Every institution in a democracy must be subject to pressures of checks and balances. The question to be asked is – what are the checks and balances we have in place around the media ? I am not for a moment arguing for a restriction on their freedom. Instead I am only pointing out that the media houses seem to have carved out a cosy island for themselves which is beyond the reach of normal democratic and market forces. A sluggish and an ineffective judiciary is the principal contributor to this situation. It allows the media to become the judge on any issue of it’s choice for a long time and ensures that the cases against the media houses on the grounds of defamation etc have no short or medium term impact. It’s a double whammy for a healthy press and media. In a bizarre tun of events the falling TRP’s and circulations seem to have no impact on the financials of the media houses. Many news channels are thrust on the users as a part of the ‘free-package’of the cable companies.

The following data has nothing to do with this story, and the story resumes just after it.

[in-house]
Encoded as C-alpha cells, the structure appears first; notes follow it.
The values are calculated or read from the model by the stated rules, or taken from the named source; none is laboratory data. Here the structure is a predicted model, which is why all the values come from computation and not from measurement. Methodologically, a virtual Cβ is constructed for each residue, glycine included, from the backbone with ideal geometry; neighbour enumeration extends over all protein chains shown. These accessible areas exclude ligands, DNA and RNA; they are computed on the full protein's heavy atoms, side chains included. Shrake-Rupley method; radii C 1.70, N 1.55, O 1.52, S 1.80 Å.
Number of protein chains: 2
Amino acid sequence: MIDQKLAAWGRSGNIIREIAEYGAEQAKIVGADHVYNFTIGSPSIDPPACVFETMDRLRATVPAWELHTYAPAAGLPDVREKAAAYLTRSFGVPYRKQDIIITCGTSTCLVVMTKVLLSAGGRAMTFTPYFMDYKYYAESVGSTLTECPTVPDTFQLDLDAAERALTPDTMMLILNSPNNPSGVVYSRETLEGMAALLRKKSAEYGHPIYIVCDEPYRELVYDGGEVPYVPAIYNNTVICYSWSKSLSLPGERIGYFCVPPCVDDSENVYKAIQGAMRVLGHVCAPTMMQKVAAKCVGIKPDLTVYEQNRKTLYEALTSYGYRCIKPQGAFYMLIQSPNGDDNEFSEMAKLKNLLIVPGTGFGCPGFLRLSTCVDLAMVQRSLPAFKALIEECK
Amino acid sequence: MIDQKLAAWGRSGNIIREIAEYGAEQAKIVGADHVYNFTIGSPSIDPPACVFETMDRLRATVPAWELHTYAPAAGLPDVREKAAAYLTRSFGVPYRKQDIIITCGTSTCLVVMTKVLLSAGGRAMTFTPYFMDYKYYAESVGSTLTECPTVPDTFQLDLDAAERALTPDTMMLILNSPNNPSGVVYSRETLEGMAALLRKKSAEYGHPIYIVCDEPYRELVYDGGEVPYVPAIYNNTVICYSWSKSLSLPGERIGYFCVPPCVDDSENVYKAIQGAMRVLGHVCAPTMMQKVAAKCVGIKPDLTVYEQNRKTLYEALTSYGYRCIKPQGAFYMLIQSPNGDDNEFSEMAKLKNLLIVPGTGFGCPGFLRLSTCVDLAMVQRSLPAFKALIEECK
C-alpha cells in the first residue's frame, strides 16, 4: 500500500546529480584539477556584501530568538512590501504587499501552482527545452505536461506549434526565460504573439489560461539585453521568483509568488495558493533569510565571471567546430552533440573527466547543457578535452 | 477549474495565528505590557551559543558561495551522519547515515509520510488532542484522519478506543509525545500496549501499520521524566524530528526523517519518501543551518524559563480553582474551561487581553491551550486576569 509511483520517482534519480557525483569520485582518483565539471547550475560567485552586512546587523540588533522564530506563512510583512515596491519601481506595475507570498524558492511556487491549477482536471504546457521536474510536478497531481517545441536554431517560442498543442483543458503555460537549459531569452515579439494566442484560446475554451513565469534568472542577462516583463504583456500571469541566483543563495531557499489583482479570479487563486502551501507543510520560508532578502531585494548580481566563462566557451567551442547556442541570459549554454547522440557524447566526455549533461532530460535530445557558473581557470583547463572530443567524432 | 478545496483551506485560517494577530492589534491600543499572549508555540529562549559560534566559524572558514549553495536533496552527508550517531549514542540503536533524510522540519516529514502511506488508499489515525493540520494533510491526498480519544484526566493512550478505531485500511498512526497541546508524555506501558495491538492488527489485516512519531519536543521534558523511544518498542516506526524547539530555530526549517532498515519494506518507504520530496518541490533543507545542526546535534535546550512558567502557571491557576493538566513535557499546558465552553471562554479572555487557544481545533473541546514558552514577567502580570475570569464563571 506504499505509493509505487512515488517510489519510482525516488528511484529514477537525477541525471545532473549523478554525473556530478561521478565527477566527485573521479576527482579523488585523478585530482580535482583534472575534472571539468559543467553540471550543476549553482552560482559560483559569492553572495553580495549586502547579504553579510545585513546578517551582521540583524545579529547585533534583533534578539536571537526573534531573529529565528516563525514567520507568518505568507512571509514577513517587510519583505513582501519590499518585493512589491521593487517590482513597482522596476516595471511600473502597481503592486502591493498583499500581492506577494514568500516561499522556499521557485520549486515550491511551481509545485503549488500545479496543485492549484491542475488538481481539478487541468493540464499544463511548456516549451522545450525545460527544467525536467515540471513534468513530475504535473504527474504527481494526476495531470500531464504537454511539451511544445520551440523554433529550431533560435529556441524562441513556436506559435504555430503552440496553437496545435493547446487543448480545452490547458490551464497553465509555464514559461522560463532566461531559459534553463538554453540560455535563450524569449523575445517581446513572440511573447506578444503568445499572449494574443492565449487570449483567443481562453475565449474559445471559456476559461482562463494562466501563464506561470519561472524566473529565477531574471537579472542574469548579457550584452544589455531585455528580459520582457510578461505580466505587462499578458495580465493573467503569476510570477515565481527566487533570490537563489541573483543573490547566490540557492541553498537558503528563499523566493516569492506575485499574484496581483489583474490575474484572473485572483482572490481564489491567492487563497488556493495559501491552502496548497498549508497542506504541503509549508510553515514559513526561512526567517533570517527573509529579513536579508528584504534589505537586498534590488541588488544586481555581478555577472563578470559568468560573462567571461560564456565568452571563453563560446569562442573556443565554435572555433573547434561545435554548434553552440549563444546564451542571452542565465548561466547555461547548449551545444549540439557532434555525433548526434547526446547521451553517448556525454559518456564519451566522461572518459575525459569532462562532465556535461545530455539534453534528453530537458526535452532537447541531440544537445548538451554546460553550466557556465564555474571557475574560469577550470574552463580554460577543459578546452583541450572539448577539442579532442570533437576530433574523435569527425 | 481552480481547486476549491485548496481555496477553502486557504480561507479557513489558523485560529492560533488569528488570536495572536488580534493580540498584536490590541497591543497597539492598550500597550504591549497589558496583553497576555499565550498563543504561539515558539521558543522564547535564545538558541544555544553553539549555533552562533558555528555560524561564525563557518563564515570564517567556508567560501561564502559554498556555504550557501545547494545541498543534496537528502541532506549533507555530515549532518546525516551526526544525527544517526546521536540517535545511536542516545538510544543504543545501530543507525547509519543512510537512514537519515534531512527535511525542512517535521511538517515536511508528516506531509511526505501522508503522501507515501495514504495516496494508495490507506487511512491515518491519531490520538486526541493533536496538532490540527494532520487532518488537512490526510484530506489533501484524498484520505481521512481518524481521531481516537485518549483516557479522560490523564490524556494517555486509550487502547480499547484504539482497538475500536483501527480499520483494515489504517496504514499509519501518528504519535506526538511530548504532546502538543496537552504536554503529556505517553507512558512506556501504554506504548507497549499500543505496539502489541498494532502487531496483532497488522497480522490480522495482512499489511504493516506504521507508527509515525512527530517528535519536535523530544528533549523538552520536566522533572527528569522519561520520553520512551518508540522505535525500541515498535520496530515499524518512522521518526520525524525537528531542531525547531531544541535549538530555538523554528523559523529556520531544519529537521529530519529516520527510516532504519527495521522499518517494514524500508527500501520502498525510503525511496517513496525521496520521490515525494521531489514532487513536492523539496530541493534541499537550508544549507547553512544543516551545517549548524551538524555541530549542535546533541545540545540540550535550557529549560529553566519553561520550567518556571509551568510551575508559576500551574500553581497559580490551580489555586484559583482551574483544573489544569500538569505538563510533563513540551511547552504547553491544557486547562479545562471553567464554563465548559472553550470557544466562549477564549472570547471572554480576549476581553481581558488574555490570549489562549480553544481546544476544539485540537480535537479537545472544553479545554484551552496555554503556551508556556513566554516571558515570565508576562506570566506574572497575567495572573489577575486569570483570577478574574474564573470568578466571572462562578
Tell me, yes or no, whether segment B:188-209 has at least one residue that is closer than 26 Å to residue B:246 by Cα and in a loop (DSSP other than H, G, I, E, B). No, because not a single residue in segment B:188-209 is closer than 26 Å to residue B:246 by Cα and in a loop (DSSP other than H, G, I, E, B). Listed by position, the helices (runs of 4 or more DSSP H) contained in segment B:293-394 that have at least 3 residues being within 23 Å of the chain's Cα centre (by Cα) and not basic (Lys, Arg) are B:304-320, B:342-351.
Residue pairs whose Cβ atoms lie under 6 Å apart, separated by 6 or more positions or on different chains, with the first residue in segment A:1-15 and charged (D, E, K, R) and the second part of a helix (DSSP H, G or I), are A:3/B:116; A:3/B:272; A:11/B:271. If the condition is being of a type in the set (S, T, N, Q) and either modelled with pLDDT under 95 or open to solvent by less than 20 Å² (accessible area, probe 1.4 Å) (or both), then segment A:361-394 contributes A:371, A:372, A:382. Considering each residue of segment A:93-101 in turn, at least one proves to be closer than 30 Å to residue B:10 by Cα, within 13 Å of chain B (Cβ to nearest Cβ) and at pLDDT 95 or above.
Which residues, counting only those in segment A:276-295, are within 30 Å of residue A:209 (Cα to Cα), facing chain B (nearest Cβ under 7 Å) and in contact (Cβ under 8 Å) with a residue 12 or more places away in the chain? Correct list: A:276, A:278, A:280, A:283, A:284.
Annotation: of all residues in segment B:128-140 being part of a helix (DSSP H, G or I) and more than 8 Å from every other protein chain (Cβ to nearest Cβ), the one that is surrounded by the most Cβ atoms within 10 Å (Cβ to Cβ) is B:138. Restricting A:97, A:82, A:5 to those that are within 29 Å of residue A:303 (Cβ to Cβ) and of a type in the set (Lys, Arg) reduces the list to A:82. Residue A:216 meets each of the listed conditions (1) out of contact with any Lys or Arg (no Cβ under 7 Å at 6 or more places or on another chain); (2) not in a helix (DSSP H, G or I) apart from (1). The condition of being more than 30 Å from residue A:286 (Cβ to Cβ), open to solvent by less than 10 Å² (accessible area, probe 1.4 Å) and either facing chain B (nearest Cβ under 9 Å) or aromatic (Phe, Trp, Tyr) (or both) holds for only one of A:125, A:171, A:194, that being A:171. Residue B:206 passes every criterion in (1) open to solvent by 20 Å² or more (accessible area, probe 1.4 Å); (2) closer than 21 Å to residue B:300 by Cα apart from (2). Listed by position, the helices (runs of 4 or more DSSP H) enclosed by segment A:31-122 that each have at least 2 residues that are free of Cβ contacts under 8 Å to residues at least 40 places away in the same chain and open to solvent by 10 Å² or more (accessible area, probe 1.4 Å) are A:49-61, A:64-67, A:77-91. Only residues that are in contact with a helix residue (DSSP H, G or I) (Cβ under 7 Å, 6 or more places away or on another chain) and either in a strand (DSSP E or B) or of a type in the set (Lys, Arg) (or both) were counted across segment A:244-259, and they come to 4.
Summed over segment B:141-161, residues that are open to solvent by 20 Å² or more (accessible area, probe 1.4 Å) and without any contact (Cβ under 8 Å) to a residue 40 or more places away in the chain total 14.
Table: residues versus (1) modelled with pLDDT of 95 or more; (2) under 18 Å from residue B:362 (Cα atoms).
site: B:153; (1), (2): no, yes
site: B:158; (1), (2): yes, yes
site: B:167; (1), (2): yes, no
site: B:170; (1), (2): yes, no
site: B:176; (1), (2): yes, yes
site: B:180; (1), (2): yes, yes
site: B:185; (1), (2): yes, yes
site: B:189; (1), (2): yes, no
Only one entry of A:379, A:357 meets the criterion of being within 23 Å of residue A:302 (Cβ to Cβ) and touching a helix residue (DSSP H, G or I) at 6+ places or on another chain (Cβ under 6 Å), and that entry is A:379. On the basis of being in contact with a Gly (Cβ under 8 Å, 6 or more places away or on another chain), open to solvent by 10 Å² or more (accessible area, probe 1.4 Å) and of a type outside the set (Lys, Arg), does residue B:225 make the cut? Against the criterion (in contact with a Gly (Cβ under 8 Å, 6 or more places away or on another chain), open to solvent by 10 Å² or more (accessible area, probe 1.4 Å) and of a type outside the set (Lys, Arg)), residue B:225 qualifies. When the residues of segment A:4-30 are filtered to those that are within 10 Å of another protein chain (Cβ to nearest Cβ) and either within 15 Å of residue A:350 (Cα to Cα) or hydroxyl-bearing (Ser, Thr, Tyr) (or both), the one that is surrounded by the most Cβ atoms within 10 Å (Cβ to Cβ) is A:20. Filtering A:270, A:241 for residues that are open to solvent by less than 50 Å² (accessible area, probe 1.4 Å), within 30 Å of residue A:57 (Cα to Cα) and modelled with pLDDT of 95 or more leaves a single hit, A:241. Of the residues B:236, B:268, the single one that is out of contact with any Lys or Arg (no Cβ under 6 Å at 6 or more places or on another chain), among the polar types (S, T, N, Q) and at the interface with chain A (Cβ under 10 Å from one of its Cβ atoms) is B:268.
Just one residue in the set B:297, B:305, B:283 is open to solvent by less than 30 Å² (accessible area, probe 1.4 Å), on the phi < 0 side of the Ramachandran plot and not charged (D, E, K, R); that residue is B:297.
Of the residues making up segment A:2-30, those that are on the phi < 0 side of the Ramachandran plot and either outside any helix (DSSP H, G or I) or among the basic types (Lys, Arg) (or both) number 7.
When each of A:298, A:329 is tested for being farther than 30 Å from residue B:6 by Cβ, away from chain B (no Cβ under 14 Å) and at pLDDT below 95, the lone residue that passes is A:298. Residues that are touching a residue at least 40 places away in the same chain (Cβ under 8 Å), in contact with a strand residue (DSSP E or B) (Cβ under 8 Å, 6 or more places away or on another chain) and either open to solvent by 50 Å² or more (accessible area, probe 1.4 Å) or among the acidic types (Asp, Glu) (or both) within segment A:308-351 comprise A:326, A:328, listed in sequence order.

The Eldeman trust-barometer survey for the year 2011 has pointed out that while the trust in media as an institution went up by 4% across the world, the same parameter for India fell from 58% to 50%. This downward trend has been continuing since the last 3-4 years. Is this not sufficient for our glorified editors and their guild to recognise the crisis ? But they still donot recognise this crisis of confidence. They are quiet happy to blame the vernacular media and other institutions and themselves occupy a holier than thou position. This behaviour points to one crucial fact – Crisis of public confidence HAS NOT translated to a crisis for the media business !!